[Advaita-l] Opinions about Rama and Krishna avataras flying around in this list -- (Part II)

Anand Hudli ahudli at gmail.com
Mon Jul 19 04:34:31 CDT 2010

Sriram Sharma wrote:
>I am not an expert on Swami Vidyaranya, but the Acharya could be meaning
>something different with the words quoted by friends in this forum. I would
>request experts to clarify the Teekas/Vivaranas available for those works
>and clarify those places, if possible.

The context of the discussion in the VivaraNa-prameya-sangraha is this. The
pUrvapaksha or the opponent's view, beginning with the word "nanu" in
polemic texts, is first stated and then VidyAraNya states the siddhAnta
beginning with the word, "uchyate." The opponent argues that mAyA and avidyA
are different. mAyA does not delude its locus (Ashraya) and behaves in
accordance with the wishes of the doer (kartA). In fact, the opponent uses
these characteristics as the definition of mAyA. What does not delude its
Ashraya and follows the desire of the kartA is mAyA. avidyA does not fit the
definition, since it deludes the its locus (the person who has avidyA)
and does not follow his wishes.

To this argument, VidyAraNya replies it is not always the case that mAyA
does not delude its locus and cites the example of rAmAvatara. He uses this
point in arguing that mAyA and avidyA are the same. I saw the reference to
Ramatirtha's comment on the upadeshasAhasrI verse. I will address this in a
separate message.  Please note that VidyAraNya is not implying that mAyA
will always delude Ishvara and keep Him under its spell like an ordinary
jIva. Since Ishvara is also sarvajna, by the very definition of Ishvara, He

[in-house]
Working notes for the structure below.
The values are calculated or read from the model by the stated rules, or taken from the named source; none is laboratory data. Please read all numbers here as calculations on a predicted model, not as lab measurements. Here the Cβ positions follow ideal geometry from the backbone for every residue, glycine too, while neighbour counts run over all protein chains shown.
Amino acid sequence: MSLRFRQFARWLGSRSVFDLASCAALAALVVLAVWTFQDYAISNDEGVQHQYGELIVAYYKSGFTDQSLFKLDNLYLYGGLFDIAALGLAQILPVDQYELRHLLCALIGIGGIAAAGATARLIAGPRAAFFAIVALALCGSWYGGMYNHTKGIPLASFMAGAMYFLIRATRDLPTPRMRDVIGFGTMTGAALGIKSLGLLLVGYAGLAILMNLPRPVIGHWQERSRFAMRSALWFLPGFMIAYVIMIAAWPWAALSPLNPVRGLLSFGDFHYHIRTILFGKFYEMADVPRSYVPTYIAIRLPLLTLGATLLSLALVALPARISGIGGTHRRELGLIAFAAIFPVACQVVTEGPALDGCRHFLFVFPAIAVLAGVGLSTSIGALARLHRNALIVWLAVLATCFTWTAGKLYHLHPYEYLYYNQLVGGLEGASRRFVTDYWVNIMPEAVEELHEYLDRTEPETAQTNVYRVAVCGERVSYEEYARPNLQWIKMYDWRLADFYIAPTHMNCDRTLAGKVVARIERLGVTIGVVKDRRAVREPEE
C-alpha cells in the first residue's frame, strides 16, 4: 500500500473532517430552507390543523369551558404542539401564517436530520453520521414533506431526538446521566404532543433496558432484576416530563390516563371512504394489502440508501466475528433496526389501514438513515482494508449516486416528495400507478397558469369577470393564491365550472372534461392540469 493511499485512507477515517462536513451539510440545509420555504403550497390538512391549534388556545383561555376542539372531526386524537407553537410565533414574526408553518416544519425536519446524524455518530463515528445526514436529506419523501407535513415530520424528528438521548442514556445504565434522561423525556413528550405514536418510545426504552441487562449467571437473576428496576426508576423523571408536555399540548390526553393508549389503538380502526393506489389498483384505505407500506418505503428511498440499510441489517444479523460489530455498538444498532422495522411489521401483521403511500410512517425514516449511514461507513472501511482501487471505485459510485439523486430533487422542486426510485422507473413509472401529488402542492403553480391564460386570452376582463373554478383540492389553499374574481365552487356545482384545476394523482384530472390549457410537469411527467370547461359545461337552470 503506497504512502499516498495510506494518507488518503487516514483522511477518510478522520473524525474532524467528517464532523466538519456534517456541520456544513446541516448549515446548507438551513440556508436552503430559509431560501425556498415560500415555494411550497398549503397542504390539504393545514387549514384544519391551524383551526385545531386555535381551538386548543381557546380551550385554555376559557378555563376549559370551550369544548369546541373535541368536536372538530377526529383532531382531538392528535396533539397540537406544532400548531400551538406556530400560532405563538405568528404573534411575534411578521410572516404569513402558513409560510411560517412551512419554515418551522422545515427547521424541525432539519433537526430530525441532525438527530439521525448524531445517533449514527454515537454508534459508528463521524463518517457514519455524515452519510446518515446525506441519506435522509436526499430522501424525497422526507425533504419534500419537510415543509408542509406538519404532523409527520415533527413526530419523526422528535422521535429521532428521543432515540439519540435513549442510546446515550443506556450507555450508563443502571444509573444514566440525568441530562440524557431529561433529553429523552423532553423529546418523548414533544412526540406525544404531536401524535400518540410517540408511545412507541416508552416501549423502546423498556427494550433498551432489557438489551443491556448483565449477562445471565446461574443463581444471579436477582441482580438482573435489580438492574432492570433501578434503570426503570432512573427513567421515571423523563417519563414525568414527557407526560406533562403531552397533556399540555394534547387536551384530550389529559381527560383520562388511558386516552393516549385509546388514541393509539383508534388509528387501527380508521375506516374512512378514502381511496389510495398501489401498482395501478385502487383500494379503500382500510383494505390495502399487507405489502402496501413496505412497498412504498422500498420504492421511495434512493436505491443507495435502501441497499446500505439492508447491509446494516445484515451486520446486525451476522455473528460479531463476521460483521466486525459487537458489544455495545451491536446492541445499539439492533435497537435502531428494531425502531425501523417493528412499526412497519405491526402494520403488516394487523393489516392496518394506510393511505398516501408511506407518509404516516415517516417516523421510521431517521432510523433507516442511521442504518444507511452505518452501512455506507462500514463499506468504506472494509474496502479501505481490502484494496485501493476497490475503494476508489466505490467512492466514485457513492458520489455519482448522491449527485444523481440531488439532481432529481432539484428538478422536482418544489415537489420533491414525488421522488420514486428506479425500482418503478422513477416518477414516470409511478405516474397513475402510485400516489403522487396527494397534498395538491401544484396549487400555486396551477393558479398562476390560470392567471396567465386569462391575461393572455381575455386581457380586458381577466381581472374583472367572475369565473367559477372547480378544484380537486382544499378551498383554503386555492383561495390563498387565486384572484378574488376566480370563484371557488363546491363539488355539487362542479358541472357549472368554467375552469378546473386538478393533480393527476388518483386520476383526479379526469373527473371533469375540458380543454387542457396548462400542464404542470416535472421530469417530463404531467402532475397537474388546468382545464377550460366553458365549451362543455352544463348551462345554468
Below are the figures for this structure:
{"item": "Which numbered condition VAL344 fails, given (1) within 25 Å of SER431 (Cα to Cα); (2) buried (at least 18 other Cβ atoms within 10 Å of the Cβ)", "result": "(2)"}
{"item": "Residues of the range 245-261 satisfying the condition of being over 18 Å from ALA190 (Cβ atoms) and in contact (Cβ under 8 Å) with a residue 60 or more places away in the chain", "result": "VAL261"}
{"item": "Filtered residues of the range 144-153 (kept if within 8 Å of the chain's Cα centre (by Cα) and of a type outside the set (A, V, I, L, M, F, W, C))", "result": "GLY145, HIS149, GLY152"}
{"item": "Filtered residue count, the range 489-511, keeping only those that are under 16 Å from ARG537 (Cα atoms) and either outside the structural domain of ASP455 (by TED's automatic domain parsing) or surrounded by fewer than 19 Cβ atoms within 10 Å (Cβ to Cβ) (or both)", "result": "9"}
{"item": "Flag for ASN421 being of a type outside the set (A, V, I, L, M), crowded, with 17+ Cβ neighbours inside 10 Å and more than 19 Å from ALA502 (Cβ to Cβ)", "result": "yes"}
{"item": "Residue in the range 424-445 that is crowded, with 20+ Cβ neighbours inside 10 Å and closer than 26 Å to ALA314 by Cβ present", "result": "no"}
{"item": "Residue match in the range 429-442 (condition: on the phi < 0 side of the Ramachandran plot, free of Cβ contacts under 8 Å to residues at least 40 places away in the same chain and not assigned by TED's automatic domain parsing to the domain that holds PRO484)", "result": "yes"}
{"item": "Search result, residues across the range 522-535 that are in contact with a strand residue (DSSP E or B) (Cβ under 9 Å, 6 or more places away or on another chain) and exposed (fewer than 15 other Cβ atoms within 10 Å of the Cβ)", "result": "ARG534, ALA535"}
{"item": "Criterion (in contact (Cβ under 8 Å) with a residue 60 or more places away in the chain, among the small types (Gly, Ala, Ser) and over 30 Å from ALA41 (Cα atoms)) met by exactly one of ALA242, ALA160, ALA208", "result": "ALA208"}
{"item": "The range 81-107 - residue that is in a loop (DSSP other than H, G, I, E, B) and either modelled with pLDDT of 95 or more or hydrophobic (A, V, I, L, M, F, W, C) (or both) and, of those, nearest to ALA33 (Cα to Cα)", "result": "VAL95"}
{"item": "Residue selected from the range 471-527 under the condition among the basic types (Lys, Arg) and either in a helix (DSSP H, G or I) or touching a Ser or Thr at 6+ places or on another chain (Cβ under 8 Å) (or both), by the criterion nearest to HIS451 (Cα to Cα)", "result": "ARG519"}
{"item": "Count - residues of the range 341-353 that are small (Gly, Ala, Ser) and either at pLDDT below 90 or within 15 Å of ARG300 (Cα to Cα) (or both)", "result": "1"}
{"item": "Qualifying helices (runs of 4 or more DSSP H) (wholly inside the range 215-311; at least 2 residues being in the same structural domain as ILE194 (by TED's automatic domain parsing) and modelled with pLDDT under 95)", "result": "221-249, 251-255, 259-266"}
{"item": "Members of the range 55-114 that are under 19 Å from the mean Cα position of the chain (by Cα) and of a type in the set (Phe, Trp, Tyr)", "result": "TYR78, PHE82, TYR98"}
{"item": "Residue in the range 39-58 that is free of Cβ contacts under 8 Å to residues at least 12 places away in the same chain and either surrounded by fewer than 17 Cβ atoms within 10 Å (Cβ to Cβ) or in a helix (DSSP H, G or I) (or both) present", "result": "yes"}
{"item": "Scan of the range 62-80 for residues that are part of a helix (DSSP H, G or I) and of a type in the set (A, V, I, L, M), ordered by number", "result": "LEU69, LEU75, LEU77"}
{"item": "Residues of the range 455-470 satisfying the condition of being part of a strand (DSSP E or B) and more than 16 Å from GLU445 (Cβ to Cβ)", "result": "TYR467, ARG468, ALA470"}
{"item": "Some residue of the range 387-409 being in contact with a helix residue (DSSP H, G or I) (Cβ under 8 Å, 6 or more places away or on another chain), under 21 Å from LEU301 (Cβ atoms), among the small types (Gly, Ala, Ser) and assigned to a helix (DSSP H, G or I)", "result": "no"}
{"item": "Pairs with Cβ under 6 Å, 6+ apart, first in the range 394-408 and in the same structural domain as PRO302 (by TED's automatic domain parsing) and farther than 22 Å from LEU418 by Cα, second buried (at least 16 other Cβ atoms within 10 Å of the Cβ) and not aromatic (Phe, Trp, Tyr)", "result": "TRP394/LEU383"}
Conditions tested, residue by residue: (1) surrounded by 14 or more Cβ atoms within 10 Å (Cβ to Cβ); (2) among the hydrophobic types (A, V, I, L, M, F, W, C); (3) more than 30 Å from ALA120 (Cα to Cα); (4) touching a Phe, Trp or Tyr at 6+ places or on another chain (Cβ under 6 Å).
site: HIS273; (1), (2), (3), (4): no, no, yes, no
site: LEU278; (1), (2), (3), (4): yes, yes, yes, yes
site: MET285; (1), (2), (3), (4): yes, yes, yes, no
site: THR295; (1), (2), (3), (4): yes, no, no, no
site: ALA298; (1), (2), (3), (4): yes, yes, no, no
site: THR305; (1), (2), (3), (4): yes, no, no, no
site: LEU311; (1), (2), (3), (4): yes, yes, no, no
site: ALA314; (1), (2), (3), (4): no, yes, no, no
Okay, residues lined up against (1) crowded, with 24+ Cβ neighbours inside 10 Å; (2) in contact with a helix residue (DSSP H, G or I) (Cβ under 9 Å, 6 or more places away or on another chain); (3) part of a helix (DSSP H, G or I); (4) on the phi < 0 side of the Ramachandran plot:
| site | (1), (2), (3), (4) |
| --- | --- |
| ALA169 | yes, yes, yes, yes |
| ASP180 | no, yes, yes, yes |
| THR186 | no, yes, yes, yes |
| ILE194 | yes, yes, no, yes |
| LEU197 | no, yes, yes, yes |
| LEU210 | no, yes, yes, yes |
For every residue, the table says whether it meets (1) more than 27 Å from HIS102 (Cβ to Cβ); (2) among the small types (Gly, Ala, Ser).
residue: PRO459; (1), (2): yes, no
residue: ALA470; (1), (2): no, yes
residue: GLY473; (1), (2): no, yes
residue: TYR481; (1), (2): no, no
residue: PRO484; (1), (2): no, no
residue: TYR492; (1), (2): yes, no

cannot be indefinitely kept under the spell of mAyA, like a jIva. Soon, He
will break free from the spell, which happened in the case of shrIrAma when
BrahmA told Him that He was shrIman nArAyaNa Himself. Note that shrIrAma
initially considers Himself to be a mere human (AtmAnaM mAnuShaM manye) but
BrahmA tells shrIrAma, "Your are Narayana Himself", (bhavAn nArAyaNo devaH).
The relevant shlokas from the the rAmAyaNa, yuddhakANDa, taken from the
Kyoto Archive (http://www.cc.kyoto-su.ac.jp/~yanom/sanskrit/ramayana/) are
 mentioned below:










We must also remember that Ishvara and jIva are two different aspects of
Brahman, but essentially both are only Brahman. Brahman with a limiting
adjunct (upAdhi) of samaShTi mAyA, in which shuddha sattva guNa dominates,
is Ishvara, while the same Brahman with a limiting adjunct (upAdhi) of
vyaShTi mAyA, in which sattva is polluted by rajas and tamas guNas,  is jIva
(VedAntasAra of sadAnanda). As a result, the mAyA of Ishvara does not
delude Him while the vyaShTi mAya of the jIva deludes him. The mAyA of
Ishvara is also referred to as collective ignorance while the avidyA of the
jIva is called individual ignorance.

The vivaraNa school agrees that in common parlance mAyA and avidyA are
spoken of as different. For example we find the following text in the
panchapAdikA vivaraNa:
तस्मात् लक्षणैक्यात् वृद्धव्यवहारे चैकत्वावगमात् एकस्मिन्नपि वस्तुनि
विक्षेपप्राधान्येन माया आच्छादनप्राधान्येन अविद्या इति व्यवहारभेदः ।
इच्छाधीनत्वतद्वैपरीत्येन वा व्यवहारभेदः ।

Therefore, as the characteristics of both (mAyA and avidyA) are the same,
and as usage in ancient works indicates that (mAyA and avidyA) are one and
the same, it is customary to use the term "mAyA" when the emphasis is on
projective power (of mAyA), and the term "avidyA" when the emphasis is on
the concealing power (of mAyA). Or, it is customary to use the term "mAyA"
when we mean it is dependent on the will ( of its locus) or "avidyA" when we
mean it is otherwise. Both mAyA and avidyA are the same thing.


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